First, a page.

The Army's designated air and missile defense, or AMD, integrator said the Space and Missile Defense Command/Army Forces Strategic Command is making strides implementing the Army Vision 2028.
Speaking during the 24th annual Air, Space and Missile Defense Association luncheon on Feb. 21, SMDC/ARSTRAT's commander Lt. Gen. James H. Dickinson outlined the threat of near-peer high-intensity conflict discussed in the vision and how AMD capabilities will be integrated.
"That is the character of today's battlefield, and to dominate it, we will modernize our equipment, adapt our formations, and update our warfighting concepts and doctrine," Dickinson said. "Our vision is that air and missile defense forces will be ready to deploy, fight and win against any adversary in a joint, combined, multi-domain, high-intensity conflict."
To support the vision, the Missile Defense Review and the Multi-Domain Operations concept, the command is developing Army Air and Missile Defense 2028. To build on progress and ensure air and missile defense forces are ready to fight and win against adversaries at all times, Dickinson said the command will execute four lines of effort: modernize and develop AMD capabilities, build AMD capacity for multi-domain operations, provide trained and ready AMD forces, and maintain forward presence and build allied and partner capacity.
"With such a broadening of threats to defend against, we really know that there is no single capability that will be able to counter all of those threats," Dickinson said. "In other words, there is no single silver bullet. Our future materiel solutions to address the adversary's layered defenses will likely be a mix of guns, missiles, cyber, space and directed energy, which will comprise lasers as well as electronic warfare."
Dickinson emphasized the success of the air and missile defense cross functional team with Maneuver-Short Range Air Defense. For M-SHORAD, the team has sped up the process of developing the capability and getting it into the hands of the Soldier.
"This CFT was able to accelerate the process for the approved, directed requirement from a process that takes two or three years or longer, to 90 days," he said. "The first of the 144 Strykers are in production right now to equip the first four battalions in fiscal year 2021."
He also highlighted the command's progress with high energy lasers. Dickinson said Soldiers have utilized high energy lasers in training and demonstrated great competency.
"SMDC/ARSTRAT is the Army's lead for high energy laser science and technology development, and we have been doing extensive experimentation with vehicle-mounted high energy lasers in counter-unmanned aerial vehicle applications," he said. "It is a priority for the Army senior leadership and we understand that lasers are the future and gets us to the right side of the cost curve."
The command is also engaged in developing hypersonic capabilities. The Army was the first service to successfully demonstrate a hypersonic weapon in November 2011. To support multi-domain operations, SMDC is continuing to move forward with hypersonic weapon research, development, test and evaluation.
With the increased interest in hypersonic technology development, the Army began the establishment of an Army Hypersonic Project Office. Standing up at Redstone Arsenal in 2019, the office will be overseen by Maj. Gen. Neil Thurgood. It will be responsible for producing a common hypersonic glide body, or C-HGB. The services and the Missile Defense Agency will adapt the C-HGB to meet their specific requirements. The office will also manage the development of the Army's long-range hypersonic weapon, or LRHW.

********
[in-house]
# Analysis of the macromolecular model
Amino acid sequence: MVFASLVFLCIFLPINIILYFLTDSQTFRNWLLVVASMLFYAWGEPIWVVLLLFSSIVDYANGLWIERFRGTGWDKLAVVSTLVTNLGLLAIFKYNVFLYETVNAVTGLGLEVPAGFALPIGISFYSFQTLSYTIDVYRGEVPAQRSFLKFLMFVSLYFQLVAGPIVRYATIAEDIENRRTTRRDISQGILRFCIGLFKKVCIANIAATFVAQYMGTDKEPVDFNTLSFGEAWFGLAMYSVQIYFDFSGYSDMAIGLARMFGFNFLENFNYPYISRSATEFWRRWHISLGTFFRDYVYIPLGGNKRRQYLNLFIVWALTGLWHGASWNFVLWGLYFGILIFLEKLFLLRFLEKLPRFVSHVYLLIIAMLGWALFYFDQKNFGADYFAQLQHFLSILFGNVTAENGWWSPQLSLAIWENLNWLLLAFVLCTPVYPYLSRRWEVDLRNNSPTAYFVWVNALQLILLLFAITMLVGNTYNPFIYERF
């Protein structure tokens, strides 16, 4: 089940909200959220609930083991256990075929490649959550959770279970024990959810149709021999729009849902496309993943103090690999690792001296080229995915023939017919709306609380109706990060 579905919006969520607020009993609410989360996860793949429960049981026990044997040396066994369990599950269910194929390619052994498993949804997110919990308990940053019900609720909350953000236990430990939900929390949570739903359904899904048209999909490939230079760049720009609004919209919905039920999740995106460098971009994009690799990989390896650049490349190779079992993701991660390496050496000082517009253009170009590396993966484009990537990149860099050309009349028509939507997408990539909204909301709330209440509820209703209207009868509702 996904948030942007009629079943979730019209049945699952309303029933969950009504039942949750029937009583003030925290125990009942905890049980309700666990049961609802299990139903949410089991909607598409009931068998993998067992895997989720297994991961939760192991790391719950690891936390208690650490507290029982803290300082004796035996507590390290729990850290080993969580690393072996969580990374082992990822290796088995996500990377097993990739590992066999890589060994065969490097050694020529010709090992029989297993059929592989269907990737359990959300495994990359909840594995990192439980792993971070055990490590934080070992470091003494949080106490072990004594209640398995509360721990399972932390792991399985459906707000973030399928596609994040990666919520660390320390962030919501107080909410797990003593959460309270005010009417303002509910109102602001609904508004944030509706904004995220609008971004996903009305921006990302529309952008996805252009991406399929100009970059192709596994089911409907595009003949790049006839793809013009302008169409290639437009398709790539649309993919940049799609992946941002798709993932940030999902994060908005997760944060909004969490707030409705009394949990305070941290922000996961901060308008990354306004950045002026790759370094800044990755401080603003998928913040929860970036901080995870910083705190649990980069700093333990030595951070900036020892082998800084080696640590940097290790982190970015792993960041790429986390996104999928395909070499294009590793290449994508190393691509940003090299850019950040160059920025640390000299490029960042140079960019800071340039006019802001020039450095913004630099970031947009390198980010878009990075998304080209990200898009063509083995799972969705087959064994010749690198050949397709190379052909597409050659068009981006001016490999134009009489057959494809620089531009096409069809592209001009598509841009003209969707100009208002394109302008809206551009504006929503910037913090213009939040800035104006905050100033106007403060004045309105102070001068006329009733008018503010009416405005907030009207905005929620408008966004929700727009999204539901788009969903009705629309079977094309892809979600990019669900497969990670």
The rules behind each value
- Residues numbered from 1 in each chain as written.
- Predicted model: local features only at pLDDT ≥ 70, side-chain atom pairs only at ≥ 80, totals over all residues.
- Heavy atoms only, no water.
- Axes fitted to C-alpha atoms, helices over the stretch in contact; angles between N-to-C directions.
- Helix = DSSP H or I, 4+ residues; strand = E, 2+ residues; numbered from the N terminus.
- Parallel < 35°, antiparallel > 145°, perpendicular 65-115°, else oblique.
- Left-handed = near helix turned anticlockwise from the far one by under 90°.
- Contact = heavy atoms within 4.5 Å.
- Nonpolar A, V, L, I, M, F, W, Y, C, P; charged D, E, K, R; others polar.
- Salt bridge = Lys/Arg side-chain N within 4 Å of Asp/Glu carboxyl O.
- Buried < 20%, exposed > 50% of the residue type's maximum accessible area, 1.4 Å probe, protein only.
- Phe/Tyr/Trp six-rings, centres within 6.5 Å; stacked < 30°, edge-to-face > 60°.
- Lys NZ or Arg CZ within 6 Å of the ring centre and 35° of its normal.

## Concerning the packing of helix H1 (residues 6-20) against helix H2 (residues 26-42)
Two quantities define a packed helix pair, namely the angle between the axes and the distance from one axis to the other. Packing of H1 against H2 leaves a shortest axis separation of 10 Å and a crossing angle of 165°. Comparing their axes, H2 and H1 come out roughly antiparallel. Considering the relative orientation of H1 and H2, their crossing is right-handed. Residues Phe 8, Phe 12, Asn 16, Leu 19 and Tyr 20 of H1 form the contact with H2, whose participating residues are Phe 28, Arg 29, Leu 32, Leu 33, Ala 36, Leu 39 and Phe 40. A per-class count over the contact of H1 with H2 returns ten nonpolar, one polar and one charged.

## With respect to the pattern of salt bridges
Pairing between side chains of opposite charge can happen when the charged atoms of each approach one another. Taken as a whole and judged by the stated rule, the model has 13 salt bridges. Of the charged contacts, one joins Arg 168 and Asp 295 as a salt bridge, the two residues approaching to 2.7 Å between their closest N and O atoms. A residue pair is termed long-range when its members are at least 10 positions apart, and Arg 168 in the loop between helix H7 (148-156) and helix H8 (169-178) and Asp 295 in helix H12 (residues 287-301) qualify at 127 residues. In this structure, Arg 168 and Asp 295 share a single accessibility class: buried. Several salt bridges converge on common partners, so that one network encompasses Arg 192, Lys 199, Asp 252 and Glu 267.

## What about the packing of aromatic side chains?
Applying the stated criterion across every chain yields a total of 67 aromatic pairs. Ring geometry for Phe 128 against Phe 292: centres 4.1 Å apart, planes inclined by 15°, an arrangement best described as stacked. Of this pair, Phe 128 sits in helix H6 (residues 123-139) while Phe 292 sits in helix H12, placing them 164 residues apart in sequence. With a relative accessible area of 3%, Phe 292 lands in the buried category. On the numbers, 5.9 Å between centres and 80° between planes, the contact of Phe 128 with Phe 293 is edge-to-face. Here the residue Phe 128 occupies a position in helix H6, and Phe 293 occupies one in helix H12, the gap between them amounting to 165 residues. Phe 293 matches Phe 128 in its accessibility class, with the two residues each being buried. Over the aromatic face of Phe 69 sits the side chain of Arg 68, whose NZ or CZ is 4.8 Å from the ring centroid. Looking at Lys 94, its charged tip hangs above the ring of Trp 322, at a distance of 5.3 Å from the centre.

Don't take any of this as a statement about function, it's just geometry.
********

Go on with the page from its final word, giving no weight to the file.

Dickinson also outlined SMDC's role in developing unique space capabilities. The command serves as the Army's lead for small satellite development, demonstrating new technology like the Kestrel Eye imaging microsatellite. It is designed to be directly taskable and responsive to the lowest echelons, providing battlefield situational awareness.
In addition, SMDC provides support to NASA with an astronaut detachment assigned to the Johnson Space Center in Houston, Texas. Army astronaut Lt. Col. Anne McClain launched in December to serve on the International Space Station as a flight engineer. Army astronaut Col. Drew Morgan is training and is expected to launch during the summer to the ISS, and Maj. Frank Rubio, an astronaut candidate, is completing his second year of training.
"That's a very important thing for us as an Army that we have folks that quite frankly can make that cut," Dickinson said.
During the luncheon, ASMDA members presented Justin Novak, a computer engineer at SMDC's Future Warfare Center, with the Technical Achievement Award in the government individual category. He developed and demonstrated the Stinger Enhanced Target Acquisition Kit that improved air surveillance and situational awareness of the Forward Area Air Defense Tactical Heads-Up Display. Dickinson congratulated Novak and other award winners, and said the command's workforce is its most precious asset.
"What you all do, what the organizations on Redstone Arsenal do, is very, very important in ensuring that we maintain superiority or overmatch over our near-peer or peer competitors," he said. "It is very important that we put our Soldiers in a position where it is not a fair fight. By not a fair fight, I mean that we have the technical advantage that we have had in every war, and we provide that to the best Soldiers, sailors, airmen, Marines and Coast Guardsmen that the world has seen."